In comparison to numerous other countries, college sports are wildly popular in the United States. In many areas, college-level events are not inferior to more professional ones, gathering large crowds and attracting mass media coverage. Hence, educational institutions rival not only for academic heights but also for prestige in athleticism, making college sports a highly competitive business (Gurney et al., 2017). As a result, sports programs gradually infiltrate the educational domain and subvert it. It is believed that winning elite contests and successful teams provide colleges with considerable advantages that render them more attractive to high school seniors. Commercialization transformed college sports – currently, they are no longer only amateur activities, but a league on its own.
There are three principal authorities in the domain of college sports – NCAA, NJCAA, and NAIA. Among the three organizations, the National College Athletics Association (NCAA) is the one most well-known and significant in the field. In contrast to NJCAA and NAIA, NCAA cooperates with more than a thousand large colleges and universities inside the country, supporting their sports programs (Gurney et al., 2017). NCAA is split into three divisions, where each one is assigned progressive importance with Division I being the most competitive and having the strictest eligibility rules (link to NCAA Eligibility Center). Despite several controversies, the organization remains highly regarded and influential.
Comparatively to NCAA, the National Association of Intercollegiate Athletes (NAIA) is a somewhat smaller organization, supervising intercollegiate athletic programs. Additionally, while NCAA is mostly active within the United States, NAIA also operates outside the country. For instance, the organization manages several sports programs in Canada, allowing many foreign players to participate (Gurney et al., 2017). On the other hand, the organization’s scholarships are somewhat lesser – NAIA’s first division scholarship is comparable to the NCAA scholarship in the Second Division. One of the advantages is that eligibility rules are relatively less strict (link to NAIA Eligibility Information Center). In this way, NAIA can be characterized as a smaller organization.
Among the three organizations, the National Junior College Athletic Association (NJCAA) can be considered a minor one, yet essential for promoting collegiate athletics. NJCAA is, first of all, occupied with sports in the community, city, technical, and junior colleges (Gurney et al., 2017). In comparison to the other two organizations, the eligibility requirements, in this case, is lower (NJCAA eligibility information). Although the organization provides scholarships only for two-year colleges, it represents a momentous occasion to start since it is possible to transfer to a four-year educational institution after. NJCAA also provides an opportunity for students less centered on academics.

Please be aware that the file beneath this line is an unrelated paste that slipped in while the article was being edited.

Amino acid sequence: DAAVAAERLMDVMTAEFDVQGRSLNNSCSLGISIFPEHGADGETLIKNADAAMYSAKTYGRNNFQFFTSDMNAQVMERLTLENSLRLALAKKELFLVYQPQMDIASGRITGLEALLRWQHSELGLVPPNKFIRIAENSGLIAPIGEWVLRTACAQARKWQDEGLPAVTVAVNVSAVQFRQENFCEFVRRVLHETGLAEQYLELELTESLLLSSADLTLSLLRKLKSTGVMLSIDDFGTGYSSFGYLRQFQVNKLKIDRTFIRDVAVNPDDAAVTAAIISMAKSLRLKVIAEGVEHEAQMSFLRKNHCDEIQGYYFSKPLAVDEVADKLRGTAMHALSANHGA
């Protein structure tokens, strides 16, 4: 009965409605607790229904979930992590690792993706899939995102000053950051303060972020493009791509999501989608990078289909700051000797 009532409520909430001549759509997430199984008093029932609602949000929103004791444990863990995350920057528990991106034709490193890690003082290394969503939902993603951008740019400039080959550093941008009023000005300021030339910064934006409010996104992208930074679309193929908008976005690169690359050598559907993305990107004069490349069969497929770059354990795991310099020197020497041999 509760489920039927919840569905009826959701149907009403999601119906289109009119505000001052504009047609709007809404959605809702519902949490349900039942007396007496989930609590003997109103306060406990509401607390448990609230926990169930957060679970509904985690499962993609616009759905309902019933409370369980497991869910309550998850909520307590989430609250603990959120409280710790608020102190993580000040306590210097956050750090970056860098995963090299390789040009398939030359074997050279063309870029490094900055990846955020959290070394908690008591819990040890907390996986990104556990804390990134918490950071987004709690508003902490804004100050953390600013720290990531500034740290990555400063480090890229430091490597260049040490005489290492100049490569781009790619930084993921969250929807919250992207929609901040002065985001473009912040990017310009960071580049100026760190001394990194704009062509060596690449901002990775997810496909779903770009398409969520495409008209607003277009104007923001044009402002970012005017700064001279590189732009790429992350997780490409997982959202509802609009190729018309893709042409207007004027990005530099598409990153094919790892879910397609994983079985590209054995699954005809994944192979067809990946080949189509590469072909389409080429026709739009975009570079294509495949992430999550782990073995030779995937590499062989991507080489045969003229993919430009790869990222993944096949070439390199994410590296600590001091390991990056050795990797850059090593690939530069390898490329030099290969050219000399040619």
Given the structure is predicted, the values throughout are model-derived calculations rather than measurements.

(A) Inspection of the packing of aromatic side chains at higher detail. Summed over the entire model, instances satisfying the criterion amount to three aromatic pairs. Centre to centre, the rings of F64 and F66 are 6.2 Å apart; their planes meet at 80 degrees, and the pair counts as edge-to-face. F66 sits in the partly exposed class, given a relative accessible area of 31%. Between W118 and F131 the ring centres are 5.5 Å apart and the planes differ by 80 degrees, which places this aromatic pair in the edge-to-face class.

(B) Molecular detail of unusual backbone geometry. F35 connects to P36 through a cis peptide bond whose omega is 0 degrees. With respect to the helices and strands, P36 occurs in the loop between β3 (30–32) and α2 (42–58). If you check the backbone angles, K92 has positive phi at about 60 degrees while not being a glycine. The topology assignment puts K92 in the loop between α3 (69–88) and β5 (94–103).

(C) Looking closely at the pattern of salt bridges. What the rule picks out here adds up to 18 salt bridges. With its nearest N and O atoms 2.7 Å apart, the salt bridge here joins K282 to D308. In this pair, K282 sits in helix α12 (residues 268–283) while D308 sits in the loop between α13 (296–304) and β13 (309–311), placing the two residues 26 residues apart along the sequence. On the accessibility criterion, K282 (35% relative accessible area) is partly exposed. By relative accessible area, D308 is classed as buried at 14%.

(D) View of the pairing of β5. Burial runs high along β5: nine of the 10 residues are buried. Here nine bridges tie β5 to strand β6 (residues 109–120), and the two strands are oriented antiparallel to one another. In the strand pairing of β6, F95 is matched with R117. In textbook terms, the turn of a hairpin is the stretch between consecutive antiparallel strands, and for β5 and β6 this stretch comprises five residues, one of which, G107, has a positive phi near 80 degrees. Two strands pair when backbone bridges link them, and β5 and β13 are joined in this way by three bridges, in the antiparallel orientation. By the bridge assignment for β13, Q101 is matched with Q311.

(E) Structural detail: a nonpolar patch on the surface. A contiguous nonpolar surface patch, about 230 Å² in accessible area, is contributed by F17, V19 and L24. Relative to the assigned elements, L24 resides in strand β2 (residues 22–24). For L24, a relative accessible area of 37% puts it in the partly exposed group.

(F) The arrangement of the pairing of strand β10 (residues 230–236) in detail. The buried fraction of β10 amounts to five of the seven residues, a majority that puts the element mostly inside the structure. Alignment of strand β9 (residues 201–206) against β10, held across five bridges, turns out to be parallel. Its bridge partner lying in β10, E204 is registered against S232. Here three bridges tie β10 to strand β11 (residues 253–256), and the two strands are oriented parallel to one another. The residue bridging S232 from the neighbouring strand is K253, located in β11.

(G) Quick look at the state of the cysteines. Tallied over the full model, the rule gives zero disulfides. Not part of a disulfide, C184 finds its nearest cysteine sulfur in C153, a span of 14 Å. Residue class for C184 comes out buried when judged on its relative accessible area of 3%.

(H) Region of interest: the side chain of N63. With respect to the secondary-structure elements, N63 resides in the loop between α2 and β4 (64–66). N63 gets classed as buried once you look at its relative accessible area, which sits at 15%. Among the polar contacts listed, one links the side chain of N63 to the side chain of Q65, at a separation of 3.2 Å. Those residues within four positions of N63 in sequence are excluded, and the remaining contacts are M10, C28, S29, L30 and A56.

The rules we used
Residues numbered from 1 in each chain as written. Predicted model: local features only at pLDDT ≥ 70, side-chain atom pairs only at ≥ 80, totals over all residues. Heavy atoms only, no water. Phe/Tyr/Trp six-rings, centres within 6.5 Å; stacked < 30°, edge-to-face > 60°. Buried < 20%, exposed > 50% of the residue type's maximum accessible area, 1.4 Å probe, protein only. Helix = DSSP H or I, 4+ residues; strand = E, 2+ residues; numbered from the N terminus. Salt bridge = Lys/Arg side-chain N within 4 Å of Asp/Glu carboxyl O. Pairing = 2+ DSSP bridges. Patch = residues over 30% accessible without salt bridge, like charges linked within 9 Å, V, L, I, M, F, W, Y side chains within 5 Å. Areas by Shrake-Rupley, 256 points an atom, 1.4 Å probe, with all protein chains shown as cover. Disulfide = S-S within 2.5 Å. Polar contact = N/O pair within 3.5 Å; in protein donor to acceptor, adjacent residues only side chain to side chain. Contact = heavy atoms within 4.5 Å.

In conclusion, collegiate athletics is a flourishing domain with a variety of opportunities for students who prioritize academics differently. NCAA is the most impactful organization in college sports, with higher scholarships, stricter eligibility rules, and fiercer competition. NAIA is a mid-tier organization that collaborates with smaller educational institutions and recruits foreign athletes. Lastly, NJCAA is a great chance to enter college sports for students who do not prioritize academics. It can be seen that the domain offers an array of options for interested students.
Facts about playing a sport in college:
- Despite not being central, academic progress still matters to be able to play.
- College sports teach valuable lessons about time management, leadership, and work ethics.
- One of the main benefits is the relationships that an athlete manages to build.
- College sports put students under academic and physical pressure.
- A useful video to obtain insight into a college athlete’s routine.
Gurney, G., Lopiano, D. A., & Zimbalist, A. (2017). Unwinding madness: What went wrong with college sports and how to fix it. Brookings.